Mathematics Stack Exchange is a question and answer site for people studying math at any level and professionals in related fields. Join them; it only takes a minute:

Sign up
Here's how it works:
  1. Anybody can ask a question
  2. Anybody can answer
  3. The best answers are voted up and rise to the top

I have a stochastic event (say a weighted coin toss) that produces a positive outcome (heads) according to some unknown probability $P$.

Given $N$ total events (coin tosses) and n positive outcomes (heads), how can I measure the likelihood that $\frac nN$ is a good approximation of $P$?

Obviously, as $N$ grows, it becomes more likely than $\frac nN$ is close to the value $P$, but how can this convergence be described mathematically?

share|cite|improve this question
up vote 3 down vote accepted

While I realise this isn't a full answer, the convergence you discuss is guaranteed by the weak and strong laws of large numbers. You might also be interested in Chebychev's inequality, which would say $$\mathbb{P}(|n/N - p| > \alpha) \leq \frac{\sigma^2}{\alpha^2}$$ where $\sigma^2$ is the variance of your estimator, $n/N$. Finally the Central Limit Theorem (CLT) proves that as $N \to \infty$ the estimator becomes normally distributed about $p$ with variance $\frac{\sigma^2}{N}$.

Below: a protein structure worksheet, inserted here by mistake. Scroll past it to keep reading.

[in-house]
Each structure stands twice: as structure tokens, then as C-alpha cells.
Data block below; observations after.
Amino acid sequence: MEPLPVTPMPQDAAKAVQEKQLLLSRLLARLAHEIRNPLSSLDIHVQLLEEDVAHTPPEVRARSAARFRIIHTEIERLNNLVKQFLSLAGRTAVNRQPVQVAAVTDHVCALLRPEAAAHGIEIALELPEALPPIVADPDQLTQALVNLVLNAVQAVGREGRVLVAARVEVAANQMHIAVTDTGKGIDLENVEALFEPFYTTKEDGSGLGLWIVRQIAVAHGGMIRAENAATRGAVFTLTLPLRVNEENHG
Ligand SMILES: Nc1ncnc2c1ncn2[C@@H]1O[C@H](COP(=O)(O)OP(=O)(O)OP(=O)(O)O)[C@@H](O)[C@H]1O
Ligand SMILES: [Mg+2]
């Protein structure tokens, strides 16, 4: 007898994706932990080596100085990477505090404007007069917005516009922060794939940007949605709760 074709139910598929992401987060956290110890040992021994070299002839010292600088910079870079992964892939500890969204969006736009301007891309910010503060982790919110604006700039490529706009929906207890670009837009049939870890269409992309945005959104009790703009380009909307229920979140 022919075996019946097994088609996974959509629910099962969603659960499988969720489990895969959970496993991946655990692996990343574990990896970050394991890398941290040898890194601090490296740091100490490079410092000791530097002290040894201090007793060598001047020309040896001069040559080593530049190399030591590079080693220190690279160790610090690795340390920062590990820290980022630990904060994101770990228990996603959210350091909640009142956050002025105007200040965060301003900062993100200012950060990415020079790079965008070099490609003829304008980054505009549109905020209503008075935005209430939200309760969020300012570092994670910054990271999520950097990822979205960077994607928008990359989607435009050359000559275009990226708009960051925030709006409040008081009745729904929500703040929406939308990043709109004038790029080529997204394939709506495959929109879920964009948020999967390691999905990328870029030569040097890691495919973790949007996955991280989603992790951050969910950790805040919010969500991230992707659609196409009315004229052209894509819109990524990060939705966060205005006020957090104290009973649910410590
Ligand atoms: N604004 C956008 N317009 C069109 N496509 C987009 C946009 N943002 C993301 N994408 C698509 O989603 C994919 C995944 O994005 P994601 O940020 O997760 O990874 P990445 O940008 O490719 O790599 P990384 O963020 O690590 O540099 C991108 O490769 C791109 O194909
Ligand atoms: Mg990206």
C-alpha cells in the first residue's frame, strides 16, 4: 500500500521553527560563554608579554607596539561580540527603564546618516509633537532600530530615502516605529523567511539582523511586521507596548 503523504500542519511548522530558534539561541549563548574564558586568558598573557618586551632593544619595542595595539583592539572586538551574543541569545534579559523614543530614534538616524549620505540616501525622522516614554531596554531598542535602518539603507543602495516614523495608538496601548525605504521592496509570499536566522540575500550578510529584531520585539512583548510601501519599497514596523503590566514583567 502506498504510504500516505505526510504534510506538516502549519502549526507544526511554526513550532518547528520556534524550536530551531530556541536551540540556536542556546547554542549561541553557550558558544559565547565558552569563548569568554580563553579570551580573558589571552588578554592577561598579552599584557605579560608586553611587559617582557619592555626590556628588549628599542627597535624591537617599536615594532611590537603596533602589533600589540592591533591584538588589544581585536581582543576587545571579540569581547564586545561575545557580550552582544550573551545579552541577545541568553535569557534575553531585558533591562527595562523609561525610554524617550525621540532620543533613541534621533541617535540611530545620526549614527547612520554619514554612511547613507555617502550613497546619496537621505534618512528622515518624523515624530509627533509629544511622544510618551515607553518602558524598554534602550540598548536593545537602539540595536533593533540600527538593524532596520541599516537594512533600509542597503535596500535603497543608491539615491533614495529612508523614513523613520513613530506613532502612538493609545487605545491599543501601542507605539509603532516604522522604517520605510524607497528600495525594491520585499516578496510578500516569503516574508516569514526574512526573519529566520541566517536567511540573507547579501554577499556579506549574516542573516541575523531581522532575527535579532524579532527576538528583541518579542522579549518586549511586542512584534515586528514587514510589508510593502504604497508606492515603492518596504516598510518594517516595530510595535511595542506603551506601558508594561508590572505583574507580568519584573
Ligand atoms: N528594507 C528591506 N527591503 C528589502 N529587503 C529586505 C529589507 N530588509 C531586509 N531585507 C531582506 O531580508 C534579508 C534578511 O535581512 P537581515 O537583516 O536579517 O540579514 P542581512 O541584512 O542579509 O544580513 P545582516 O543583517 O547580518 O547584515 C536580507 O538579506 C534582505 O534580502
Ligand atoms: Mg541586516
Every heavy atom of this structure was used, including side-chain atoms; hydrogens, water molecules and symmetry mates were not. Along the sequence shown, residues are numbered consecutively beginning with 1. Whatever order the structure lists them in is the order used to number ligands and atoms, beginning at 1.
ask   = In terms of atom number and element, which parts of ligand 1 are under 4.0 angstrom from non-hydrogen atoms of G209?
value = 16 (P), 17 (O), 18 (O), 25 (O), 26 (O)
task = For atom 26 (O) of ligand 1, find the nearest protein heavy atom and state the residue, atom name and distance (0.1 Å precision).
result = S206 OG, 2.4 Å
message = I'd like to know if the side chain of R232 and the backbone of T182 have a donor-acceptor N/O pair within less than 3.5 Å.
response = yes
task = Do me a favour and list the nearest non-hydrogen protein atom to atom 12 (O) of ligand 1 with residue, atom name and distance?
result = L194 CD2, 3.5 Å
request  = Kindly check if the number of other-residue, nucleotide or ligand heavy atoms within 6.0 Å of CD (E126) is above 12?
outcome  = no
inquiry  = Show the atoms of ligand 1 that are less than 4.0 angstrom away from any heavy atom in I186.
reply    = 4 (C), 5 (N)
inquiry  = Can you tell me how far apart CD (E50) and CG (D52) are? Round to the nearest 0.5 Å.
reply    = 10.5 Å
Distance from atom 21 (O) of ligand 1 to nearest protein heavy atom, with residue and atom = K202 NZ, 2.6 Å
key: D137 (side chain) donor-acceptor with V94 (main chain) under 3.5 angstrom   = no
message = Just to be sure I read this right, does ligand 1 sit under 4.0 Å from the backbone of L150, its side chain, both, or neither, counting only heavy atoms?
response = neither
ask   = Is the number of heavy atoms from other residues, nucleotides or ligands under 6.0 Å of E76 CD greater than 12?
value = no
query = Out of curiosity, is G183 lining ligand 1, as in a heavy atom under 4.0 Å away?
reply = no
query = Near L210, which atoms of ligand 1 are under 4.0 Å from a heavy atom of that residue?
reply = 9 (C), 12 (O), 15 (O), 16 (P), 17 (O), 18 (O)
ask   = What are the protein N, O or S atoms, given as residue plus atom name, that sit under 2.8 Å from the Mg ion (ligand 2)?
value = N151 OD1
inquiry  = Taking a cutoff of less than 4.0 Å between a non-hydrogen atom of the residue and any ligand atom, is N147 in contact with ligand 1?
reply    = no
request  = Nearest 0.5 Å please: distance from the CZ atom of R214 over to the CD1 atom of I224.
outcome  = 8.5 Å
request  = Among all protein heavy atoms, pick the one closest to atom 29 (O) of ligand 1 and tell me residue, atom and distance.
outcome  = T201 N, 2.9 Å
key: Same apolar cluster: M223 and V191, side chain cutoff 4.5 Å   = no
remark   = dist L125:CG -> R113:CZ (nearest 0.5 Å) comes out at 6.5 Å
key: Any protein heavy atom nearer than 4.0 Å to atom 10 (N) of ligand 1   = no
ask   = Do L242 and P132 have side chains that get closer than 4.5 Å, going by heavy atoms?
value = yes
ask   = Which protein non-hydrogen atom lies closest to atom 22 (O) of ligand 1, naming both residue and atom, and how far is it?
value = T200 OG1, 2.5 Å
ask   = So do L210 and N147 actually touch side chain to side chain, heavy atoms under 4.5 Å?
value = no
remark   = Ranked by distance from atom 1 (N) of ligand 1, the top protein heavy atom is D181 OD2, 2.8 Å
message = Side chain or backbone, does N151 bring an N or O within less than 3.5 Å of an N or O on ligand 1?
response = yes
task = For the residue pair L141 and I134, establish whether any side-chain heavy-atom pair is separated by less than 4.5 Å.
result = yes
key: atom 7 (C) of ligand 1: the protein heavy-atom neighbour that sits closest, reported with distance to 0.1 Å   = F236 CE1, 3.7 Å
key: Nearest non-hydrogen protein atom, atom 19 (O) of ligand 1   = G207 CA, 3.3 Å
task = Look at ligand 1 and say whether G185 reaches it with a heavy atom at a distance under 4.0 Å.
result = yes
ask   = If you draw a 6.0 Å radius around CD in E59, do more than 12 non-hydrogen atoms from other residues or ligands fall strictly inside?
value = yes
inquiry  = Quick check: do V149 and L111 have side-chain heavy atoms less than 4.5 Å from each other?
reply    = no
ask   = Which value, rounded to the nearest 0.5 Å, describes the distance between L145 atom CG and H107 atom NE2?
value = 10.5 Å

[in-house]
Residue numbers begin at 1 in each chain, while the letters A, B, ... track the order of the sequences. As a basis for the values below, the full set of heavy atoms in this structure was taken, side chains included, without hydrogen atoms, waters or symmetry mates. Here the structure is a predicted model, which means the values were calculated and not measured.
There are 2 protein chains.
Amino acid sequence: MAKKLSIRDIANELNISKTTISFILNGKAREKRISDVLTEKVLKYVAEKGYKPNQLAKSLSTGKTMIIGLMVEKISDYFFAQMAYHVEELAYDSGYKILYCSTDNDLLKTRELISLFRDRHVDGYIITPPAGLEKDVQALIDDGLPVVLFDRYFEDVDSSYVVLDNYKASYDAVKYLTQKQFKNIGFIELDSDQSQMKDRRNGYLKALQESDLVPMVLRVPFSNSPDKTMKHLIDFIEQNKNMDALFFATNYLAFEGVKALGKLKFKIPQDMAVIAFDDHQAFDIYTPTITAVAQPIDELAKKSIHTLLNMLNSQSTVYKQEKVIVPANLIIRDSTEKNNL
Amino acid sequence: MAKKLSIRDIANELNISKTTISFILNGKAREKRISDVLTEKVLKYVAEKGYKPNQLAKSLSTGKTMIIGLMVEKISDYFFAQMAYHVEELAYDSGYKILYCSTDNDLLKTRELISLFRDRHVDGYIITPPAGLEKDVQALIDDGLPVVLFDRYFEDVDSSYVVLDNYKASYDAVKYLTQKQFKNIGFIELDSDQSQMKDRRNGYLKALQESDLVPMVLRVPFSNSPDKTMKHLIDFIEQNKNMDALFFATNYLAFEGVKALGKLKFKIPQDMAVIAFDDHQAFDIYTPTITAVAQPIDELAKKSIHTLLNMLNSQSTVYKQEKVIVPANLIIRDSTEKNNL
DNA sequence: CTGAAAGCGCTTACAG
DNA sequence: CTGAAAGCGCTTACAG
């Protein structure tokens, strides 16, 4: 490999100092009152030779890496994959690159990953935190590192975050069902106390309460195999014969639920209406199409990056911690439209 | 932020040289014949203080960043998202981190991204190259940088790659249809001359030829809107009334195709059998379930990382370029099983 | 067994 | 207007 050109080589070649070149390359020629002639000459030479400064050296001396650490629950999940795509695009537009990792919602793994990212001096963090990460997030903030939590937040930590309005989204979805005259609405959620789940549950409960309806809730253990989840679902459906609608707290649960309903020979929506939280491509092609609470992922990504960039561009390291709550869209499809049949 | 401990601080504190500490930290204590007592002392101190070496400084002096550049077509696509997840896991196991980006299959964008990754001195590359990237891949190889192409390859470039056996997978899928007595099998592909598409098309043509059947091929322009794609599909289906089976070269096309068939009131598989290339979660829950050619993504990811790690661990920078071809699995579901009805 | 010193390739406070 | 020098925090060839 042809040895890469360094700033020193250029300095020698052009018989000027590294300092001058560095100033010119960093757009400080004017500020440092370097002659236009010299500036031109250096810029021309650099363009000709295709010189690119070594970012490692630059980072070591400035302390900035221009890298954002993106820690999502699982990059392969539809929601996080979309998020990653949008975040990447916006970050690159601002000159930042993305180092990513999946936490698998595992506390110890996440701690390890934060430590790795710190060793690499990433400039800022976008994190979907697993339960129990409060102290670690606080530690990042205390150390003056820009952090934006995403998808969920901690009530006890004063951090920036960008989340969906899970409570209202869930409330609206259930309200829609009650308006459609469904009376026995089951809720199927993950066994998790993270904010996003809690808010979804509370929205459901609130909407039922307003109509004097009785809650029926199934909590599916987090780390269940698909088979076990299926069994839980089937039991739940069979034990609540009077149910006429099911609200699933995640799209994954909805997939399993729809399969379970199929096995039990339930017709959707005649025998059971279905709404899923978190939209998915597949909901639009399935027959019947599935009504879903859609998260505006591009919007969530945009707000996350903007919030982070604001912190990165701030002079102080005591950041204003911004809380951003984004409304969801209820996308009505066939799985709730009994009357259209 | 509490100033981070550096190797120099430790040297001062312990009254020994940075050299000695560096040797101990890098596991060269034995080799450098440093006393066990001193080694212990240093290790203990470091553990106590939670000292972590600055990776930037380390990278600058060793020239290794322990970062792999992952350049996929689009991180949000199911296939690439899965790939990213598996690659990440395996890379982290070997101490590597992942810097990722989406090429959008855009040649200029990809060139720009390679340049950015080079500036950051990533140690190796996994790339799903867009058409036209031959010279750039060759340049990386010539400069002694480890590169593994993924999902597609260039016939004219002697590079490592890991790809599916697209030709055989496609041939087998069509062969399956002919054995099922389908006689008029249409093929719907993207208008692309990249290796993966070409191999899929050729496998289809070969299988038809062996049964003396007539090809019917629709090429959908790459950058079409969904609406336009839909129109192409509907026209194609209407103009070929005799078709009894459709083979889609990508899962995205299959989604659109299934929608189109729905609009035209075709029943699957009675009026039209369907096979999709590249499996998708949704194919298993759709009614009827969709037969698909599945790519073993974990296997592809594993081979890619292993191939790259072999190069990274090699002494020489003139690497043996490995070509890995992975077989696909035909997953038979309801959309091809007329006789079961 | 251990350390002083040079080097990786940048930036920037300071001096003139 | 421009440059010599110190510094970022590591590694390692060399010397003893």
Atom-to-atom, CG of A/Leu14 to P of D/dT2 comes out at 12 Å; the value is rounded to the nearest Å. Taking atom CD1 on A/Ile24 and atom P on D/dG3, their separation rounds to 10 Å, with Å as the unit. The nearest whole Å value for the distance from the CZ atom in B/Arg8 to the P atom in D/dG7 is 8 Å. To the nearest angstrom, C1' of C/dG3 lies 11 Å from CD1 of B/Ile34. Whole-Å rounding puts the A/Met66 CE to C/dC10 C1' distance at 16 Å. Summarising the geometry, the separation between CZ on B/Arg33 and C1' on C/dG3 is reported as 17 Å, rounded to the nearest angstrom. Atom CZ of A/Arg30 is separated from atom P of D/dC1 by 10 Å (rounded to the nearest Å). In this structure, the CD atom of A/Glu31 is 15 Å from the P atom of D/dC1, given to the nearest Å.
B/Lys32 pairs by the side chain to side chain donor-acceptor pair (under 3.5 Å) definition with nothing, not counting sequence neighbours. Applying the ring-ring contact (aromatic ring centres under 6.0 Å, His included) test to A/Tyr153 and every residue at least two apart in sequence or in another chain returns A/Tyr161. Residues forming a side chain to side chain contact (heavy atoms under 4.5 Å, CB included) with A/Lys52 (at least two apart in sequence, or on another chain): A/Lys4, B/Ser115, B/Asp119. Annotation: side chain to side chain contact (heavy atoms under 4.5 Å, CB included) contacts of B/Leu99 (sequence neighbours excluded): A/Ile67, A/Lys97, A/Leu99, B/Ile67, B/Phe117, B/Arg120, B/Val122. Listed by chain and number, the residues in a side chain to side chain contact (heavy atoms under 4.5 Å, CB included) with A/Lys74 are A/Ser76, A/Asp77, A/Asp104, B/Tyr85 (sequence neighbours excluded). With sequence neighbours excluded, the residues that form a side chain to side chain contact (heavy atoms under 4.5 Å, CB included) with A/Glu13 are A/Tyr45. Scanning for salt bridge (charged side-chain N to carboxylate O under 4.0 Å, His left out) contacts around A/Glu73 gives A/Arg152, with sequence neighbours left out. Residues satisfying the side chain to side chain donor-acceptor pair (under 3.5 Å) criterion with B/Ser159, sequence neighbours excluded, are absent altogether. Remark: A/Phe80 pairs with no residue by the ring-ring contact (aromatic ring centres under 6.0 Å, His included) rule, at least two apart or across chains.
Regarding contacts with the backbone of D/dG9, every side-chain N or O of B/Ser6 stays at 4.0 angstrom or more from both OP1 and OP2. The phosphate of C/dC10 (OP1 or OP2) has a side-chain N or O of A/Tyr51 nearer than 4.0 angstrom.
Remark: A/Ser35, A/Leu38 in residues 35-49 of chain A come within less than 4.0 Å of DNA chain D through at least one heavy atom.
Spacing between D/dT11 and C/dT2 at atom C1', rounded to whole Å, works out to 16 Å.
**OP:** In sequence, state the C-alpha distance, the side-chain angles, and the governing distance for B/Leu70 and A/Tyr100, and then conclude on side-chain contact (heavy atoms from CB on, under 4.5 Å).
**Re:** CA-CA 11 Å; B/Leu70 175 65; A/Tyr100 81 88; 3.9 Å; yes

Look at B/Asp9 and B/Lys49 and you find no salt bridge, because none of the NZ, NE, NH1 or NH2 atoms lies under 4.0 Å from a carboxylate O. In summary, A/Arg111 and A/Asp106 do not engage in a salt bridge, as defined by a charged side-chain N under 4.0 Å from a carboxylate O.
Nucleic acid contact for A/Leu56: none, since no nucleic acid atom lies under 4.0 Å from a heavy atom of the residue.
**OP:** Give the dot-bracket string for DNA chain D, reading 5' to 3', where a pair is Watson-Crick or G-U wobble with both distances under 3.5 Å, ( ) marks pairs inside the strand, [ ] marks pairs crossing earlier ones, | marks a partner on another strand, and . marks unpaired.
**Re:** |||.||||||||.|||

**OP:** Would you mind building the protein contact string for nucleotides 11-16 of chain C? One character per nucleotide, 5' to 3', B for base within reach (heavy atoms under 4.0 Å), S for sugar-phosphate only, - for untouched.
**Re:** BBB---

share|cite|improve this answer

This is the problem of confidence intervals in statistics. Your question is about the original problem of that type, the "confidence interval for a proportion in binomial sampling" (wikipedia )

The asymptotic theory, when $Np(1-p)$ is very large, is described by the Central Limit Theorem, which says that $n = pN + A\sqrt{Np(1-p)}$ where the probability distribution of $A$ is the famous Gaussian (normal, "bell shaped") curve. Qualitatively, fluctuations of $n$ around the expected value are usually within a small factor of $\sqrt{Np(1-p)}$.

For limited data, the story is more complicated, with no perfect solution, many proposals, and a large literature.

share|cite|improve this answer

The wiki on convergence of random variables is what you probably want to read. It discusses various forms of convergence and in particular convergence in probability and almost sure convergence are what you need to take a look at.

share|cite|improve this answer

Your Answer


By posting your answer, you agree to the privacy policy and terms of service.

Not the answer you're looking for? Browse other questions tagged or ask your own question.